Bluetooth 5.0 is official, but you will not see any devices with 5.0 connectivity until maybe the end of the year or next year. This new standard for Bluetooth though is actually quite something. It is the next major upgrade of the technology since the 4.0 is launched and widely used 9 years ago. Quite recently we get the 4.2 which brings some newfound stability in its connection with no major improvement on speed or range. Bluetooth 5.0 is set to change that.
Double the data transfer speed, four times the connection range, and 800% more capacity for higher stability and more devices. Those are the headlines for Bluetooth 5.0 and it already sounds great. To a certain extent though the significance of the Bluetooth 5.0 technology may not affect or mean much. Therefore to understand and appreciate the importance of 5.0 technology we have to understand the technology itself and the purpose of it, especially the 5.0.
So what is Bluetooth technology exactly? What is it for? What does it do? How does it do it?
Bare with me as this may get a little technical; let us start with the basics, when it all started. The Bluetooth technology started out in 1994, primarily for the convenience of data exchange over radio transmissions. It was created with the purpose of creating a standard for wireless connection of any devices for any possible purpose over a certain distance.
Like what is said earlier, the Bluetooth technology relies on radio waves for its interactions. Specifically it relies on a short-wavelength Ultra High Frequency radio waves at about 2.4GHz from small sensors and transmitters that are installed on devices like your smartphone. For the more technically sound ones out there, the 2.4GHz wave is not an exclusive or unique in any way which would mean that with normal application any data being exchanged in this frequency can be interrupted or interfered. While that is true, Bluetooth employs their own frequency-hop transceiver to cancel out these noise and the interference. This technology in general is known as Frequency Hopping Spread Spectrum (FHSS). What this transceiver does is that it will at plenty of time and also very quickly switch and change channels or carriers in the same radio frequency when exchanging data. To simplify it basically is like allowing plenty of people carry one object from one place to another but not all at one go, the object will be held by different people all the way until it finally reaches its destination.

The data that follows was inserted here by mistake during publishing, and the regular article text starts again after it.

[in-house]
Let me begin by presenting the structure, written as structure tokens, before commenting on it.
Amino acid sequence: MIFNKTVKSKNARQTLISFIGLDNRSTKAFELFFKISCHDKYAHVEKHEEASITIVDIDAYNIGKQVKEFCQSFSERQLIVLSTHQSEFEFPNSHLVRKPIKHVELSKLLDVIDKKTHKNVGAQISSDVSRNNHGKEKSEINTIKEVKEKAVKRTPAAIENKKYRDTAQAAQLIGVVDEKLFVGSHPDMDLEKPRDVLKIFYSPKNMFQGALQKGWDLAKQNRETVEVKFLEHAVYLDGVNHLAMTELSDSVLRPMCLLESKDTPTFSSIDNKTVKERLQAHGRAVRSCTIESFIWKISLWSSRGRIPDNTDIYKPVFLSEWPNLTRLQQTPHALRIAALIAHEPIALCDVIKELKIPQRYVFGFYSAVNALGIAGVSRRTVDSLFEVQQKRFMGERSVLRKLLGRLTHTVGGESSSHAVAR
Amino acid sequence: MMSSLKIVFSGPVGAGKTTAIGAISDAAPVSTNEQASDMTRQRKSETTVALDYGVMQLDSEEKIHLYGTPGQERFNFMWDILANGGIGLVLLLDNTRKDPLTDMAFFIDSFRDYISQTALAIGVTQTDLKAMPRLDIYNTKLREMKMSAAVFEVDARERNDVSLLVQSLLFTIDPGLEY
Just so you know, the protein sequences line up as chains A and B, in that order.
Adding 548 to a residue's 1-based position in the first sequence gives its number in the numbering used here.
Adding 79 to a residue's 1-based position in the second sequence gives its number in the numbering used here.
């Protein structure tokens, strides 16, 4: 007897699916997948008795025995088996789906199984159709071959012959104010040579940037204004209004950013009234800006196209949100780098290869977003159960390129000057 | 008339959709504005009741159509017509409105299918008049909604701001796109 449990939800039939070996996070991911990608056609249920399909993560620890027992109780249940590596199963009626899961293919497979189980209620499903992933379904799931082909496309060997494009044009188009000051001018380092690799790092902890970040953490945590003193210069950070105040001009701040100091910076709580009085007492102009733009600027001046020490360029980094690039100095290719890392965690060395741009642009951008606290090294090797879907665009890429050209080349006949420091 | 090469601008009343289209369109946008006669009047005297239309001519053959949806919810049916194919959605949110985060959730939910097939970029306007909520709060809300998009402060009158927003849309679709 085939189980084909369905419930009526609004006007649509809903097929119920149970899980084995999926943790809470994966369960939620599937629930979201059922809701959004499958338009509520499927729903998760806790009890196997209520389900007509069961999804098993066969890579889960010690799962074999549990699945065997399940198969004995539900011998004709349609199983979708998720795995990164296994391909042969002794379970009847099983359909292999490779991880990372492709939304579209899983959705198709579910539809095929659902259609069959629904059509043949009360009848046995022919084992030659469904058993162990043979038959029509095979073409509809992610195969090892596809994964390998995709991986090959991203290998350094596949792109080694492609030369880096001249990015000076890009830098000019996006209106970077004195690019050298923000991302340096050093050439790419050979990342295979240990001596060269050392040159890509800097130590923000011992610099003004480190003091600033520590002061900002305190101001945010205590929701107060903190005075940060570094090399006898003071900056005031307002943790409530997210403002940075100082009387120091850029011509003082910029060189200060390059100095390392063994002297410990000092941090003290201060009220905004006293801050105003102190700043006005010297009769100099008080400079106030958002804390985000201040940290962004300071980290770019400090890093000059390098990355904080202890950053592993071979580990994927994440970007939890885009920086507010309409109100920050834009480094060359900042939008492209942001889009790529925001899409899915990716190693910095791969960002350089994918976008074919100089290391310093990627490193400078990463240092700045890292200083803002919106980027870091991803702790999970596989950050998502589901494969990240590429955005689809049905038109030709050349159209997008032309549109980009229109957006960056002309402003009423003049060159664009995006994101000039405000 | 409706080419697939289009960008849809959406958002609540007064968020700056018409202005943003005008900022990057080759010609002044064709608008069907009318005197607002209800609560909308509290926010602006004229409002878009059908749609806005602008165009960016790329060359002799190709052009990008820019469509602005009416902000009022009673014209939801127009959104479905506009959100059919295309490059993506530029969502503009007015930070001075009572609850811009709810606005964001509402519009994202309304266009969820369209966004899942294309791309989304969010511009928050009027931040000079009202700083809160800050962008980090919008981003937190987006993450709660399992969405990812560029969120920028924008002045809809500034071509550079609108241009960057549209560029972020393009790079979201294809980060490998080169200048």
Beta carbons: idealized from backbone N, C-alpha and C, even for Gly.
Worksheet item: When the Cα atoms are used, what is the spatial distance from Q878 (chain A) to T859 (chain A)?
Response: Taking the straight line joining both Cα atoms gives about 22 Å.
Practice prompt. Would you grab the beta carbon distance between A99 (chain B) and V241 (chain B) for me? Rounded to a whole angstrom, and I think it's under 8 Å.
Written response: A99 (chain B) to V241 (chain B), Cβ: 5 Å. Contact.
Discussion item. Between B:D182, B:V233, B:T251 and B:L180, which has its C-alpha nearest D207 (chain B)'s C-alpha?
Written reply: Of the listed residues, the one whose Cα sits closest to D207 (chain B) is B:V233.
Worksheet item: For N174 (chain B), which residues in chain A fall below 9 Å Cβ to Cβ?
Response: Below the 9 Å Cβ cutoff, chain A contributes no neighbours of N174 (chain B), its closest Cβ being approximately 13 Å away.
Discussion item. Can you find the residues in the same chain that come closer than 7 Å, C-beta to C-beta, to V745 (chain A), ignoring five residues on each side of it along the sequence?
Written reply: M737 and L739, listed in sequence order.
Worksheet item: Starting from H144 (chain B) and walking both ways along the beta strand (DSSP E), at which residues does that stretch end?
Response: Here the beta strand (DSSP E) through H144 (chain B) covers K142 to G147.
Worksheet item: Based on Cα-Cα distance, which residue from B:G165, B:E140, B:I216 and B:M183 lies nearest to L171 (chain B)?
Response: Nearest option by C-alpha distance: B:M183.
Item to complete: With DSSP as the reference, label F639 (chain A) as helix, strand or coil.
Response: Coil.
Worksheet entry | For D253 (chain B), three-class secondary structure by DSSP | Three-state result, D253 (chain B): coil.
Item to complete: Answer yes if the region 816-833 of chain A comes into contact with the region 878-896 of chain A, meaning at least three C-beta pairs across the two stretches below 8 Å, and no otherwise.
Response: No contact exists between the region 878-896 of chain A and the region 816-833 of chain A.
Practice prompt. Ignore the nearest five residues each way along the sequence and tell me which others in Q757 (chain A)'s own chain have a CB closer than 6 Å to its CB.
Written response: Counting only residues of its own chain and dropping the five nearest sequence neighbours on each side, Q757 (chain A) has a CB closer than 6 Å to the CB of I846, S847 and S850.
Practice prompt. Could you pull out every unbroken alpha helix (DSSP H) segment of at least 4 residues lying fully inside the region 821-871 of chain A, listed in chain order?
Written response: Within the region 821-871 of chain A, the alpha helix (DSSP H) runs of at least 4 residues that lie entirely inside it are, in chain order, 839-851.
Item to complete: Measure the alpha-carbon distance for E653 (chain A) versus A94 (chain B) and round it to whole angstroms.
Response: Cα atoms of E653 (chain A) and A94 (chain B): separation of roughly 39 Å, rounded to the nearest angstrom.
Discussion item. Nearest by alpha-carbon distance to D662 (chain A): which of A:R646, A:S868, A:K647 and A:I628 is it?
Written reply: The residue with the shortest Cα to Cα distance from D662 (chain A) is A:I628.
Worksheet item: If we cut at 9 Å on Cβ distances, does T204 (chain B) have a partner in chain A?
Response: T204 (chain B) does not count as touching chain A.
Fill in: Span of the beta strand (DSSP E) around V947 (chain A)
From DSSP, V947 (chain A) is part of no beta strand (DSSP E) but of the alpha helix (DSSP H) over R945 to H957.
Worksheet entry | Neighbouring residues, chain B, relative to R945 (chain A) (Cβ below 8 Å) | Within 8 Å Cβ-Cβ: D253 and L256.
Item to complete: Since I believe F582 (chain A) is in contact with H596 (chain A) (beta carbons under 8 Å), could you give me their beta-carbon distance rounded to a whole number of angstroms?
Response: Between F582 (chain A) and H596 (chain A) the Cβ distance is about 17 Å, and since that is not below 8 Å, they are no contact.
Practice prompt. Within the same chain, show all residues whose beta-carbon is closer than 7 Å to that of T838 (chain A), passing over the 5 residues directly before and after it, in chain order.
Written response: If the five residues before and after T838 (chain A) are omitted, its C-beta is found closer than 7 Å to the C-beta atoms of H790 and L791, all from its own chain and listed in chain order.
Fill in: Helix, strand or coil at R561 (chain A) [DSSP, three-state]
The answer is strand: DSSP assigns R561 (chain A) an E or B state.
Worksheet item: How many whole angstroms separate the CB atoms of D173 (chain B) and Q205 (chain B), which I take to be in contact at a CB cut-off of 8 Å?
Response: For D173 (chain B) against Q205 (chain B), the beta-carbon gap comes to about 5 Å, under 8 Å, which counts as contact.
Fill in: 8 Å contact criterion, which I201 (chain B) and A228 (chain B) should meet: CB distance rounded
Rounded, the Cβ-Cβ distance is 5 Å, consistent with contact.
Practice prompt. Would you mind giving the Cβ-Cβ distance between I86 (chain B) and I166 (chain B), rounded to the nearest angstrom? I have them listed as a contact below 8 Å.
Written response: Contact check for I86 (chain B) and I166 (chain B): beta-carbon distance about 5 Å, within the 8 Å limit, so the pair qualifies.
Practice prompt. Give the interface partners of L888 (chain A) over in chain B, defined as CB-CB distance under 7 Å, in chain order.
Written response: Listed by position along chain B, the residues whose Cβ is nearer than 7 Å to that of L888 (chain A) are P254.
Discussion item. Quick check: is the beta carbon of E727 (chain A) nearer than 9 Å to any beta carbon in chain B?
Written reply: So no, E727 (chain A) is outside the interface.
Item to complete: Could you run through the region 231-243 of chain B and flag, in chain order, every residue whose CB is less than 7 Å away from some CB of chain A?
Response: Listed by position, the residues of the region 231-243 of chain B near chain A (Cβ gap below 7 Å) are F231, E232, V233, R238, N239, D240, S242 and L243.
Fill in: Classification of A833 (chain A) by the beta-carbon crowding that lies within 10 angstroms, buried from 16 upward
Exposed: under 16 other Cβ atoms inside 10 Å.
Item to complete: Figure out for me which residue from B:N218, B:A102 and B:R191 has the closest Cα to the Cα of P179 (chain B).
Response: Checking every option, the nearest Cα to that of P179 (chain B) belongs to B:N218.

Starting from Bluetooth 2.1, which is basically the version that was first introduced to consumers in a smartphone or a handheld device Bluetooth introduced something that we know as Basic Rate/Enhanced Data Rate (BR/EDR). In theory the Basic Rate of Bluetooth means that data can be air exchanged at 1Mbps (that is small ‘b’ for bit) while EDR allows for air exchange data at speeds up to 2Mbps. What this does is allow longer lasting battery life for connected devices. For your information Bluetooth 2.1 was introduced at the time when smartphones was still a very new concept and Apple was developing the first iPhone.
A few years after the 2.1, the Bluetooth 3.0 standard took shape. This update has plenty to do with high-speed data exchange. Building on its original technology the 3.0 now adds speeds by enabling the use of the secondary radio antennas that are already existing on the device itself. This was made for more ideal music and video sharing across devices with much better stability than the 2.1 standard. With higher speeds also they quoted a longer battery life for existing devices. One of the first devices to embrace the Bluetooth 3.0 was the iconic Samsung Galaxy S.
Bluetooth 4.0, 4.1, 4.2 – The Current World Standard
A little while later though in the age of super fast, super powerful smartphones battery life is becoming a bigger concern than before. Cramming larger capacity into a small footprint is not going to cut it anymore. In fact if you must know the industry experts actually considers that the lithium battery technology has reached the peak of its development and there can almost be no major improvement made to make the battery anymore efficient or increase its capacity in a given size. Bluetooth has to adapt as well then. Which was why Bluetooth 4.0 came into play. The focus of the 4.0, building on the blocks that have been placed on 2.1 and 3.0 was power efficiency, speeds did not improve by a great margin on 4.1 and 4.2 as well. To curb energy consumption in 4.0 the technology allows the radio transceiver to idle while not in use. When in light to medium usage requirement the technology will be in a low-peak mode for minimum power consumption while exchanging only necessary data with the next device. There is also the average mode when it is really needed.
What was new in this Bluetooth 4.0 and above also was the introduction of connecting to multiple devices for multiple data exchange and transfer. In light of devices that are pushing focuses on Internet of Things (IoT) the 4.0 was created so that we as consumers can connect our smart device to multiple items and devices at home or other spaces to basically interact and control the environment.